(b) Title. Unless a statute specifically authorizes and the award specifies that title to property vests unconditionally in the recipient, title to real property or equipment vests in the recipient, subject to all terms and conditions of the award and that the recipient shall:
(1) Use the real property or equipment for the authorized purposes of the project until funding for the project ceases, or until the real property or equipment is no longer needed for the purposes of the project, as may be determined by the contracting officer;
(2) Not encumber or permit any encumbrance on the real property or equipment without the prior written approval of the contracting officer;
(3) Use and dispose of the real property or equipment in accordance with paragraphs (e), (f), and (g) of this section; and
(4) Properly record, and consent to the Department's ability to properly record if the recipient fails to do so, UCC financing statement(s) for all equipment purchased with Federal funds (Financial assistance awards made under the Small Business Innovation Research/Small Business Technology Transfer (SBIR/STTR) program are exempt from this requirement unless otherwise specified within the grant agreement); such a filing is required when the Federal share of the financial assistance agreement is more than $1,000,000, and the Contracting Officer may require it in his or her discretion when the Federal share is less than $1,000,000. These financing statement(s) must be approved in writing by the contracting officer prior to the recording, and they shall provide notice that the recipient's title to all equipment (not real property) purchased with Federal funds under the financial assistance agreement is conditional pursuant to the terms of this section, and that the Government retains an undivided reversionary interest in the equipment. The UCC financing statement(s) must be filed before the contracting officer may reimburse the recipient for the Federal share of the equipment unless otherwise provided for in the relevant financial assistance agreement. The recipient shall further make any amendments to the financing statements or additional recordings, Start Printed Page 53238including appropriate continuation statements, as necessary or as the contracting officer may direct.
(c) Remedies. If the recipient fails at any time to comply with any of the conditions or requirements of paragraph (b) of this section, then the contracting officer may:
(1) Notify the recipient of noncompliance in accordance with 2 CFR 200.338, which may lead to suspension or termination of the award;
(2) Impose special award conditions pursuant to 2 CFR 200.205 and 200.207 as amended by 2 CFR 910.372;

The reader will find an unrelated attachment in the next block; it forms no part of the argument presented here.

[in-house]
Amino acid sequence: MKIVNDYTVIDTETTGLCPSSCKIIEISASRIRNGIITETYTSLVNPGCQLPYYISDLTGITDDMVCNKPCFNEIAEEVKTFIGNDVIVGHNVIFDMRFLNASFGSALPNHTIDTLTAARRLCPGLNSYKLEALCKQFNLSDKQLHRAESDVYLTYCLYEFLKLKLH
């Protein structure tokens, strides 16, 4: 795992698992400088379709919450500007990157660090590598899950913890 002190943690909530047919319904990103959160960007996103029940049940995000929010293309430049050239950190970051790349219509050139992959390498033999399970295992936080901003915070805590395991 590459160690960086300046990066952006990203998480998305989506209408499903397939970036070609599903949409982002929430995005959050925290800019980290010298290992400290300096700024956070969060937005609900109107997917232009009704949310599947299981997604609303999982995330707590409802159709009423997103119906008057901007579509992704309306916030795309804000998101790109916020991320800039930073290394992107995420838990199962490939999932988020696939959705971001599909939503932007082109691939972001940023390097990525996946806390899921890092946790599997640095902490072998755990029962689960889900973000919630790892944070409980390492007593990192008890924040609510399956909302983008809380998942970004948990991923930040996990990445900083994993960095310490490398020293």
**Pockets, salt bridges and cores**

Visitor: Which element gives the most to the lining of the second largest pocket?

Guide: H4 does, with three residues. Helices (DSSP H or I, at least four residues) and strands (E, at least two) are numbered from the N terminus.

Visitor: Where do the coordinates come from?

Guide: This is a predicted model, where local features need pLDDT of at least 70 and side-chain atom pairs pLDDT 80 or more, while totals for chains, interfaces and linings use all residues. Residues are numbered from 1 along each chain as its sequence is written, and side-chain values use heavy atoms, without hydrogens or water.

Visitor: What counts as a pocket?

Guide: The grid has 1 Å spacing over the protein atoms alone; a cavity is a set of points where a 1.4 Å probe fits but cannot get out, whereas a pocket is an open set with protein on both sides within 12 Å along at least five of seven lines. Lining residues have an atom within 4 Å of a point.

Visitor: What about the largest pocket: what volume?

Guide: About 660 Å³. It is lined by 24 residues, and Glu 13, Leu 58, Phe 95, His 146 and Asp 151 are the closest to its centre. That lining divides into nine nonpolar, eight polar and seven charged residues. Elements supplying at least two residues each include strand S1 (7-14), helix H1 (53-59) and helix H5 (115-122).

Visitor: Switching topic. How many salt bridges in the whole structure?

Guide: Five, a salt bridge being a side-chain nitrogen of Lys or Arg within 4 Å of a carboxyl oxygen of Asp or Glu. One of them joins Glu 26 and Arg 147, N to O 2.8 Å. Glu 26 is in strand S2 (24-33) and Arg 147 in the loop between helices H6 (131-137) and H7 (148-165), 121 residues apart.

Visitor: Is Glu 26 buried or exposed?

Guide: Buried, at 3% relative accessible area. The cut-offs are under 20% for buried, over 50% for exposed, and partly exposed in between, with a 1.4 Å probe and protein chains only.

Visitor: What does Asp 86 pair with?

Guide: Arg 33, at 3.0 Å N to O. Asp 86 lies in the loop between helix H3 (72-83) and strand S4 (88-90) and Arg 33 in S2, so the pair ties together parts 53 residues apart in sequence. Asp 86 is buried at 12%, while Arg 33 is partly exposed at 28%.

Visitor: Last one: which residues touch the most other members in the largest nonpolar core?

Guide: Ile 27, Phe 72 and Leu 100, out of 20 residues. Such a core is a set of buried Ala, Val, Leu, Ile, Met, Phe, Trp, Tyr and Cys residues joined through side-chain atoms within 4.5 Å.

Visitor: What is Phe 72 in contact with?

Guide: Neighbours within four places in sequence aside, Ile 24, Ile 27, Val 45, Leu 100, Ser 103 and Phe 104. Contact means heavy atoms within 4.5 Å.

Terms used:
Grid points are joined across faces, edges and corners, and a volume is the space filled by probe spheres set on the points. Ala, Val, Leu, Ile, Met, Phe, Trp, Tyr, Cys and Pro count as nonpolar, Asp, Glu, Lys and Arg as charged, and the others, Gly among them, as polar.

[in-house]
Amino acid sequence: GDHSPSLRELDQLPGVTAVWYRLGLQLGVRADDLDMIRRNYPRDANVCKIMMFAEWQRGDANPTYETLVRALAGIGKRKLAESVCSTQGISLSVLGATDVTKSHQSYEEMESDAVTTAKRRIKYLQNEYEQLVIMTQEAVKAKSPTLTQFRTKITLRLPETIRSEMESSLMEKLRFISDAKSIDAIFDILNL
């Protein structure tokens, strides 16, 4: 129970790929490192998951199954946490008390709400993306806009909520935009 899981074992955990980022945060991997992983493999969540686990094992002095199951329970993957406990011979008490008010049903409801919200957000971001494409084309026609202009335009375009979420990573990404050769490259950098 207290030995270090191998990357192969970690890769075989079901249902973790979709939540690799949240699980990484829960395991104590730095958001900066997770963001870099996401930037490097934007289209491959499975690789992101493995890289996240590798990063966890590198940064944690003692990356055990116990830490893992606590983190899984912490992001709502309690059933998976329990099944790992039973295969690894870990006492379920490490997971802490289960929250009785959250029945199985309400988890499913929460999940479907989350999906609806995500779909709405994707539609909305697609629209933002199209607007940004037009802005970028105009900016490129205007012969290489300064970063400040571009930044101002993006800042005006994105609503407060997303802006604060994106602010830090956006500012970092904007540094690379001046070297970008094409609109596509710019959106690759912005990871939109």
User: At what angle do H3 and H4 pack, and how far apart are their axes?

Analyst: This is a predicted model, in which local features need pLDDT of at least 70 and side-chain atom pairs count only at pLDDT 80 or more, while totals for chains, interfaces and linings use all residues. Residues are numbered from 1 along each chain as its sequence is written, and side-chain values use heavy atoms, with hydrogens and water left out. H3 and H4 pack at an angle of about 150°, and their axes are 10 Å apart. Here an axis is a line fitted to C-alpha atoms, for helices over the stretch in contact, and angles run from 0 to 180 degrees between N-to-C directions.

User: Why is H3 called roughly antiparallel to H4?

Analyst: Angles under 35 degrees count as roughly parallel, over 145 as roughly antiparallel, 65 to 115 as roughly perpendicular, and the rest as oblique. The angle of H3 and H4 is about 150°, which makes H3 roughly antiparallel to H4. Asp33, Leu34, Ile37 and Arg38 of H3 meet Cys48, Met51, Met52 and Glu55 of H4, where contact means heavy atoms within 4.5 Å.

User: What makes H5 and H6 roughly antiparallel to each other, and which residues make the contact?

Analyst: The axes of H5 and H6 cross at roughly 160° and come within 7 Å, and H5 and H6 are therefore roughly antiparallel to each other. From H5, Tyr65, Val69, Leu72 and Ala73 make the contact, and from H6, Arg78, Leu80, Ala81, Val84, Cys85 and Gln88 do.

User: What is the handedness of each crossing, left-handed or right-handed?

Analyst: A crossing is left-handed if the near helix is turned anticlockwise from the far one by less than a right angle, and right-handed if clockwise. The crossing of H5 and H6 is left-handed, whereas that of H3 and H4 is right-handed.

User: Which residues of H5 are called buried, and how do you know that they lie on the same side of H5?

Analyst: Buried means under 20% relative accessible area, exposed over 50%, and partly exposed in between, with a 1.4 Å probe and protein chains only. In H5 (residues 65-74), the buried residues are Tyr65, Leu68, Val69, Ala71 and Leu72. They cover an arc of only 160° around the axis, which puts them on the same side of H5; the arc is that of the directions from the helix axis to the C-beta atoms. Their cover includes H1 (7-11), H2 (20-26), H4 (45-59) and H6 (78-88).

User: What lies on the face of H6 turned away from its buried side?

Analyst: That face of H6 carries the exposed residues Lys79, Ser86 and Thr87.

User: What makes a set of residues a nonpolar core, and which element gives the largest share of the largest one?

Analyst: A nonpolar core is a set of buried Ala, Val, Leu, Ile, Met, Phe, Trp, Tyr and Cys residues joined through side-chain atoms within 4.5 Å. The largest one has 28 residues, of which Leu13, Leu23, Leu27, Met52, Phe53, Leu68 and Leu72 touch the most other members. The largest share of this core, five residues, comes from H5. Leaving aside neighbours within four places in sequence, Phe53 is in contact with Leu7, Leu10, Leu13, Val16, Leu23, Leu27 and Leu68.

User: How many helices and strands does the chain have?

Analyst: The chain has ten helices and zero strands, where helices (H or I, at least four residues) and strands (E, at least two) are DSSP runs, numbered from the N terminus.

(3) Issue instructions to the recipient for disposition of the property in accordance with paragraph (g) of this section;
(4) In the case of a failure to properly record UCC financing statement(s) in accordance with paragraph (b)(4) of this section, effect such a recording; and
(5) Apply other remedies that may be legally available.
(d) Title to and Federal interest in real property or equipment offered as cost-share. As provided in 2 CFR 200.306(h), depending upon the purpose of the Federal award, a recipient may offer the fair market value of real property or equipment that is purchased with recipient's funds or that is donated by a third party to meet a portion of any required cost sharing or matching. If a resulting award includes such property as a portion of the recipient's cost share, the recipient holds conditional title to the property and the Government has an undivided reversionary interest in the share of the property value equal to the Federal participation in the project. The property is treated as if it had been acquired in part with Federal funds, and is subject to the provisions of paragraph (b) of this section and to the provisions of 2 CFR 200.311 and 200.313.
(e) Insurance. Recipients must, at a minimum, provide the equivalent insurance coverage for real property and equipment acquired with Federal funds as provided to property owned by the recipient.
(f) Additional uses during and after the project period. Unless a statute and the award terms expressly provide for the vesting of unconditional title to real property or equipment with the recipient, the real property or equipment acquired wholly or in part with Federal funds is subject to the following:
(1) During the Project Period, the recipient must make real property and equipment available for use on other projects or programs, if such other use does not interfere with the work on the project or program for which the real property or equipment was originally acquired. Use of the real property or equipment on other projects is subject to the following order of priority:
(i) Activities sponsored by DOE grants, cooperative agreements, or other assistance awards;
(ii) Activities sponsored by other Federal agencies' grants, cooperative agreements, or other assistance awards;
(iii) Activities under Federal procurement contracts or activities not sponsored by any Federal agency. If so used, use charges must be assessed to those activities. For real property or equipment, the use charges must be at rates equivalent to those for which comparable real property or equipment may be leased.
(2) After Federal funding for the project ceases, or if, as may be determined by the contracting officer, the real property or equipment is no longer needed for the purposes of the project, or if the recipient suspends work on the project, the recipient may use the real property or equipment for other projects, if:
(i) There are Federally sponsored projects for which the real property or equipment may be used;